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Sunday, January 08, 2012
January 8, 2012 News Read
By Andrew Walden @ 2:17 PM :: 10310 Views :: Kauai County News, DHHL, Maui County News, Congressional Delegation, Honolulu County News, Democratic Party, Hawaii State Government, Republican Party

Monk Seals Dying in NW Hawaiian Isles Because of Fishing Ban 

Unintended Consequences of Tapping the “Rich”  

Lingle Campaign Launches Mobile App

FTA letter shows Rail financial plan remains Unacceptable to Feds

SA: The chairperson for the Honolulu Authority for Rapid Transportation, Carrie Okinaga, recently claimed that the Federal Transit Administration has approved the city's financial plan for elevated heavy rail. This implied that the path is clear for receiving $1.55 billion of federal funding requested by the city -- and a recent Star-Advertiser headline suggested the same thing ("Rail project cleared for federal funding," Dec. 30). A more recent headline, however, probably gave readers a different impression ("Federal transit panel puts city on the spot over funding for rail," Star-Advertiser, Jan. 6).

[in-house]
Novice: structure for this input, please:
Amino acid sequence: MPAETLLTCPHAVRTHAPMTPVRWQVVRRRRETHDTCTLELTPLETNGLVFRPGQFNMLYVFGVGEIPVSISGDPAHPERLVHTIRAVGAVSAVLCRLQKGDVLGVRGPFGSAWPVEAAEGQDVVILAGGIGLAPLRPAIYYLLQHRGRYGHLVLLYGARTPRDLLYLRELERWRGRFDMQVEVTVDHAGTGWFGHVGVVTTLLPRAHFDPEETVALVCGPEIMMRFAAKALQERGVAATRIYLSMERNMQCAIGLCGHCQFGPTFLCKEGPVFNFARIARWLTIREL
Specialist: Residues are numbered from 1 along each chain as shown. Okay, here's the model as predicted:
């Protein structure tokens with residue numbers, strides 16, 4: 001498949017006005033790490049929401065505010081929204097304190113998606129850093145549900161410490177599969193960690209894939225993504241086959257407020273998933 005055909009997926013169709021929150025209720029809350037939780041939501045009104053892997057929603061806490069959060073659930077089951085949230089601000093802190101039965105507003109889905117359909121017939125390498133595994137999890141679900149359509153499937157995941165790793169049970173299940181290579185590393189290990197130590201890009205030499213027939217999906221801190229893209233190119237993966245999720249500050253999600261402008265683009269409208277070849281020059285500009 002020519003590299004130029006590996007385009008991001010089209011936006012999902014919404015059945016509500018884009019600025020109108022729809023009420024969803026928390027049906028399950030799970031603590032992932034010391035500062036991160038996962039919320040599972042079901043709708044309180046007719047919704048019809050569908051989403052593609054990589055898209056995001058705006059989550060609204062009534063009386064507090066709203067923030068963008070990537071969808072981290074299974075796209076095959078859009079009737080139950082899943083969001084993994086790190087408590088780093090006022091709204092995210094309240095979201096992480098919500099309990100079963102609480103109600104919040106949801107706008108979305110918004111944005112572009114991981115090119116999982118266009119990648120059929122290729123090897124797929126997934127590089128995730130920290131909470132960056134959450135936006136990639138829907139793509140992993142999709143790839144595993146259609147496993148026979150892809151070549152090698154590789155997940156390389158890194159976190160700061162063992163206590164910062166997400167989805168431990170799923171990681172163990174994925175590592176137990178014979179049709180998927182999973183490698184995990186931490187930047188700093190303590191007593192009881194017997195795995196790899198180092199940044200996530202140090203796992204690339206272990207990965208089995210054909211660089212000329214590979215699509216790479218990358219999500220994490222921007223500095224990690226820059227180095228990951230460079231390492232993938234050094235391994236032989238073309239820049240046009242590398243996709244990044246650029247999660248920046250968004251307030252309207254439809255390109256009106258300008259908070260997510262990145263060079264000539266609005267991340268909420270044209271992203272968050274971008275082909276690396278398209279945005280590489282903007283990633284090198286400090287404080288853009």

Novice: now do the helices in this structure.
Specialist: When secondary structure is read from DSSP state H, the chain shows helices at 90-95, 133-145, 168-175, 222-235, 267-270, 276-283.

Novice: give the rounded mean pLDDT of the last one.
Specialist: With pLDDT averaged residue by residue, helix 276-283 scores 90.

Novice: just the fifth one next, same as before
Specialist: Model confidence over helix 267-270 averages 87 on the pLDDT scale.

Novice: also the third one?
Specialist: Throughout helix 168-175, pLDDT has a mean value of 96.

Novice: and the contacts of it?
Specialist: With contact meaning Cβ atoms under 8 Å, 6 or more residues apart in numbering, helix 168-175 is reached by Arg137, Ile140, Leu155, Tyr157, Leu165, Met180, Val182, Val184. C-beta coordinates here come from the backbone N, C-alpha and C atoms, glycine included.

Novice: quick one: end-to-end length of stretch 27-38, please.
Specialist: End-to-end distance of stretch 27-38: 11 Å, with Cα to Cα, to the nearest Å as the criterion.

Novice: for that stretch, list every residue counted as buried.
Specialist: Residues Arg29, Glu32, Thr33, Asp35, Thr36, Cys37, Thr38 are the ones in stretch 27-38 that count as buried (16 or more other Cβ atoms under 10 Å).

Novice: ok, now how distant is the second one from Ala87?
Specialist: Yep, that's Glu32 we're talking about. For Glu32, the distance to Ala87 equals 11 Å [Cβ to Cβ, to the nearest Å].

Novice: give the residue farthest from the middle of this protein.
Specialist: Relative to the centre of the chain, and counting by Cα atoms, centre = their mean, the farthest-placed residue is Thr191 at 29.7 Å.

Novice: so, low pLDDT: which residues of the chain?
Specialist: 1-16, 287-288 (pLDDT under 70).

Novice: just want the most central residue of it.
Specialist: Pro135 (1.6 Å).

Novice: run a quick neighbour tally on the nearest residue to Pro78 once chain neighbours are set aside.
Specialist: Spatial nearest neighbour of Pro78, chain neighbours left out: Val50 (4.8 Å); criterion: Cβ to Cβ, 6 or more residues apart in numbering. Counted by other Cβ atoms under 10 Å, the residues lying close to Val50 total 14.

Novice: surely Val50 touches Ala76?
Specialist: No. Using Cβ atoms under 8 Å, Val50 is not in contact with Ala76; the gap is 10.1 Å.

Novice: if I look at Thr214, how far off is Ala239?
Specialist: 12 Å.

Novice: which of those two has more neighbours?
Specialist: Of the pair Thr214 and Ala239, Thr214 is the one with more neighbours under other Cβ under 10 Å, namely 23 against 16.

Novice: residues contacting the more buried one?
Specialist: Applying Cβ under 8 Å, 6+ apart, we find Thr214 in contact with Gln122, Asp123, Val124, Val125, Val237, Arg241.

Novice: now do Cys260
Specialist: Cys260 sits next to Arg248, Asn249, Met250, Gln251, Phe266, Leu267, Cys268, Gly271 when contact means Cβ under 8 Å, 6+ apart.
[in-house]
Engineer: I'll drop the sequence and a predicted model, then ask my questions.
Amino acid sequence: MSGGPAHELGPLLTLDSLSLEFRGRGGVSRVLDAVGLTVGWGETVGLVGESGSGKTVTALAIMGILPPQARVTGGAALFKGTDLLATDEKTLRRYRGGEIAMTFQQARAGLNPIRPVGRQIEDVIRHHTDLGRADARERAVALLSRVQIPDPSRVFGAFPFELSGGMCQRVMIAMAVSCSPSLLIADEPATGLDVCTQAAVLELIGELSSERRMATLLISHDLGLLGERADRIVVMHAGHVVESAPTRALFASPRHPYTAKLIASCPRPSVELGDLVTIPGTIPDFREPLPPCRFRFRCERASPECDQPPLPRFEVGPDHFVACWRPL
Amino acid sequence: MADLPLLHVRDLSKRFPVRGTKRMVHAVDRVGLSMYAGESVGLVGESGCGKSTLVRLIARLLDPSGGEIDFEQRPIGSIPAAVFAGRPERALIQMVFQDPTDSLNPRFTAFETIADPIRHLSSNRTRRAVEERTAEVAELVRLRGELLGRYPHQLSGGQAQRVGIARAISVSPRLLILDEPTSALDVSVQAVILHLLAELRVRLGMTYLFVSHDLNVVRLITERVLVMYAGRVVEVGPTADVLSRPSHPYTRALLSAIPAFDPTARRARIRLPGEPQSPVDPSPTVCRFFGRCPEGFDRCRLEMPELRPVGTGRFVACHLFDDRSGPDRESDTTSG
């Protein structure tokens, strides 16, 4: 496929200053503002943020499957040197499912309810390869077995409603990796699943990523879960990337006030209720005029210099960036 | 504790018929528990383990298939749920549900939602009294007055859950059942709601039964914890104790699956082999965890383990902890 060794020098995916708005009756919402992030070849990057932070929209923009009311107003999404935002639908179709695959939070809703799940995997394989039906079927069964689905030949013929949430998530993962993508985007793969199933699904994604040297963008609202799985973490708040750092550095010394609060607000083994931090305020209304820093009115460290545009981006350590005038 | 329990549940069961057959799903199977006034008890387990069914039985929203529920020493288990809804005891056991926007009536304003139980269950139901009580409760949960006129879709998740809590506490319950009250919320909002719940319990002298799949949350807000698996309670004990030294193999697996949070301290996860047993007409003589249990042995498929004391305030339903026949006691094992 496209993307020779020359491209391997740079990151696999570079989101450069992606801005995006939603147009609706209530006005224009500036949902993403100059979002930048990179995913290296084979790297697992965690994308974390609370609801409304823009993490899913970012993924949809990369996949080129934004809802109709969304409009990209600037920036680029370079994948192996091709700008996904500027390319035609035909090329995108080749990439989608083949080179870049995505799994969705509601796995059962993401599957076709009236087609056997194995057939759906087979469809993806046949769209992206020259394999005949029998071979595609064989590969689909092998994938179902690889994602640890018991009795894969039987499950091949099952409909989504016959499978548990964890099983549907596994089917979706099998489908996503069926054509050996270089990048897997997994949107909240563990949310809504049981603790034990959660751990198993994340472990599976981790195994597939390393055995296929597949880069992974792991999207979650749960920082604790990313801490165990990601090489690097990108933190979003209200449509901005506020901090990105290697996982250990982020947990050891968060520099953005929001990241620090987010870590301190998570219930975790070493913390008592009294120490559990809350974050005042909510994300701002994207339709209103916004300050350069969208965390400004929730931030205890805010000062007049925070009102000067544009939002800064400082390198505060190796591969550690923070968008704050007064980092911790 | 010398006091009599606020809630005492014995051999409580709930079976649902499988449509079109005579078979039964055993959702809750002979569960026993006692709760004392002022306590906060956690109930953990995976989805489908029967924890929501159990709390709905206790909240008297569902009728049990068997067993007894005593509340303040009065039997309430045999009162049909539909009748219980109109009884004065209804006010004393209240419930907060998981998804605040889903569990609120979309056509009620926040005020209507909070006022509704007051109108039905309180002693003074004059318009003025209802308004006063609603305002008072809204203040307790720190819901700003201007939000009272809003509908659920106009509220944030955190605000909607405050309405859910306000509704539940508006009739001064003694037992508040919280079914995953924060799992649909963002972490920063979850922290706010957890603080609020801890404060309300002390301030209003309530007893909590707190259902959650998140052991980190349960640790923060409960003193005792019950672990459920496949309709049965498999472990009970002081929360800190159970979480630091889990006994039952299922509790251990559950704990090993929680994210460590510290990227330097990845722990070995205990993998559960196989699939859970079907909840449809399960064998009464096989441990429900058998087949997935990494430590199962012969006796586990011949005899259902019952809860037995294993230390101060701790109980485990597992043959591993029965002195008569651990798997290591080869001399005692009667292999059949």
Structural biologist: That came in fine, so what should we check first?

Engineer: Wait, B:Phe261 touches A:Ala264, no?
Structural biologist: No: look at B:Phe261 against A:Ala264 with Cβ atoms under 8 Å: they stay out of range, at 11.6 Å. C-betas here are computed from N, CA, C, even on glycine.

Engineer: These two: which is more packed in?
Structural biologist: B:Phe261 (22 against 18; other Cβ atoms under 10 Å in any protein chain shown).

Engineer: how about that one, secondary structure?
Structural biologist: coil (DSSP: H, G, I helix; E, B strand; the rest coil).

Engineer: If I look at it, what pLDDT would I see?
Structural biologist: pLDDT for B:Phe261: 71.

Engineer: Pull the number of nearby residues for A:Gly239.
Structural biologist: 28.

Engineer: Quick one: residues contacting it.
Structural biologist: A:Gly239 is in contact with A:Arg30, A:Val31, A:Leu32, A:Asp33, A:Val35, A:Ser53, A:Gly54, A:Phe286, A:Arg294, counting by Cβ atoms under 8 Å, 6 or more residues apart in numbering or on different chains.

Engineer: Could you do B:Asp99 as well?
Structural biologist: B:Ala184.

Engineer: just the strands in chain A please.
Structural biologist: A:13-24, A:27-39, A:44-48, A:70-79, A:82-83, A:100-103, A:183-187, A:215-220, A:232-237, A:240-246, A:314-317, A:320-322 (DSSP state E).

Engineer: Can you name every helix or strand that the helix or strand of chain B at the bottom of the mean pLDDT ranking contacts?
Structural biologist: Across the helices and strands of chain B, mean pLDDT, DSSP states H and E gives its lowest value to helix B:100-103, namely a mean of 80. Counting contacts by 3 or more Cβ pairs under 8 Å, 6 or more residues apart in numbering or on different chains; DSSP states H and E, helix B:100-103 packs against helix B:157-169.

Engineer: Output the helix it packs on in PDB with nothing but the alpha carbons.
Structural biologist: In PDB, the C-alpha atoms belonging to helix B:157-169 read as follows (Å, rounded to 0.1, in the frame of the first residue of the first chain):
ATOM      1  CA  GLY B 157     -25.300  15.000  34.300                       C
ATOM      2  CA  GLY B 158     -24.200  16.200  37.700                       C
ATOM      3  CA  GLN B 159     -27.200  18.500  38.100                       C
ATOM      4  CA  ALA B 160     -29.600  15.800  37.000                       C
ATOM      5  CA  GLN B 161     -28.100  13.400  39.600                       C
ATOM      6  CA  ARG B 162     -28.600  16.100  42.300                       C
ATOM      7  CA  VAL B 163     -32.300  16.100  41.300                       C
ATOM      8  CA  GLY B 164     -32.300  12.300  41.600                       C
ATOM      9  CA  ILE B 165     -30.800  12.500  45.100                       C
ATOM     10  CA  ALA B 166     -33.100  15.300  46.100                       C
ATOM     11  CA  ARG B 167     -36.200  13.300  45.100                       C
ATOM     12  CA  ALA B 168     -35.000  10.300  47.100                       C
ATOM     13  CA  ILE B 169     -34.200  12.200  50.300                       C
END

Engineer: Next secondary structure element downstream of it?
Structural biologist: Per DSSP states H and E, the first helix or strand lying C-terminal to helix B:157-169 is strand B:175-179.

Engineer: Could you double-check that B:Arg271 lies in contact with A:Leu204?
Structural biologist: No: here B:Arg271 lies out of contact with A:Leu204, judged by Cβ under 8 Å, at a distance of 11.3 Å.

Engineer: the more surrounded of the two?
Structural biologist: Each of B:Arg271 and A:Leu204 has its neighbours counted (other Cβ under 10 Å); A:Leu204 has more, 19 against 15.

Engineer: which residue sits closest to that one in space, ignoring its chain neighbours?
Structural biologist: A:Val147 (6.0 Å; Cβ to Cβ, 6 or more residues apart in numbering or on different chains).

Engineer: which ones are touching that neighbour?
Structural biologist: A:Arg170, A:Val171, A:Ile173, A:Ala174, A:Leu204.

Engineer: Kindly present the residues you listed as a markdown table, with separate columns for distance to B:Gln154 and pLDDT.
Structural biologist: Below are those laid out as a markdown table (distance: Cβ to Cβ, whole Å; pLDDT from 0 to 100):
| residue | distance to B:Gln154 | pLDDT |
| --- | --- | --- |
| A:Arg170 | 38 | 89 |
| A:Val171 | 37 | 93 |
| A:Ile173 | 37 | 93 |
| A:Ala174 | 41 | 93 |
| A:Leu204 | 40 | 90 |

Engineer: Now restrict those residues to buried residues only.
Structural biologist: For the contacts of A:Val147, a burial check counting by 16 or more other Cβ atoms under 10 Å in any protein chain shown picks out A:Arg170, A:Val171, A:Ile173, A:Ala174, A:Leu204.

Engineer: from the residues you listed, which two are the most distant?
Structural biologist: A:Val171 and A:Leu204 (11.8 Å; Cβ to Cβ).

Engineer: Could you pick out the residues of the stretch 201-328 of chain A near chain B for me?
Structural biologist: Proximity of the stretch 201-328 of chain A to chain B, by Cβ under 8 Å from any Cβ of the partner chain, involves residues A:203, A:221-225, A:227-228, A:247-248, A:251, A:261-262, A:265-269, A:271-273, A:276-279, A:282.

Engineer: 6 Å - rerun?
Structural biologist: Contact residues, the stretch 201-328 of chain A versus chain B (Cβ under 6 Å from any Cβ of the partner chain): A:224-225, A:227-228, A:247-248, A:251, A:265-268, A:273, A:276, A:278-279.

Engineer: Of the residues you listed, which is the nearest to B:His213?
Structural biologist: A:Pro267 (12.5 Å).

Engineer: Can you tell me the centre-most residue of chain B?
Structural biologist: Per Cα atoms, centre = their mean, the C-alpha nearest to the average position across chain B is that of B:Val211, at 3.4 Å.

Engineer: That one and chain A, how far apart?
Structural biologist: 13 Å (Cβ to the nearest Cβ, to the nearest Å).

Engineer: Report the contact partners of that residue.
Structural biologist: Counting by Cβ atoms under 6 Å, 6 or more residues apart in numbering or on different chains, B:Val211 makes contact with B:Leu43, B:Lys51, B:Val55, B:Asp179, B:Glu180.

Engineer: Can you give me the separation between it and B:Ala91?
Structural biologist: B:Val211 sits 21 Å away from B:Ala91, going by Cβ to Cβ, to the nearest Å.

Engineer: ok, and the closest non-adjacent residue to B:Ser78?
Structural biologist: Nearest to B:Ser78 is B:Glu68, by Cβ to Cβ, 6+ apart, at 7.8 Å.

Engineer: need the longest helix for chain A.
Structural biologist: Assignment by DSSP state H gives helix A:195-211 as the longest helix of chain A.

The truth is that Congress has not yet appropriated any of the requested $1.55 billion, and other major hurdles remain to be cleared.

In 2009, the FTA warned that the city's financial plan is inadequate. Since then, the city and HART have submitted several revised plans, each of which has been firmly rejected.

In its most recent letter, the FTA repeated that the latest HART financial plan is still deficient, and stressed that the city will receive none of the requested $1.55 billion in federal funds until the plan is significantly stronger.

First, HART must "demonstrate the availability of additional revenue sources." This could be done by getting the state Legislature, governor and City Council to agree now to extend the rail tax in the future to fund rail construction, and the City Council to agree to raise property taxes, as needed to subsidize rail's operating losses. In addition, the Council would have to amend its ordinance restricting the use of funds that may be used for construction, if it intends to use tax increment financing to fund construction. Good luck with all that.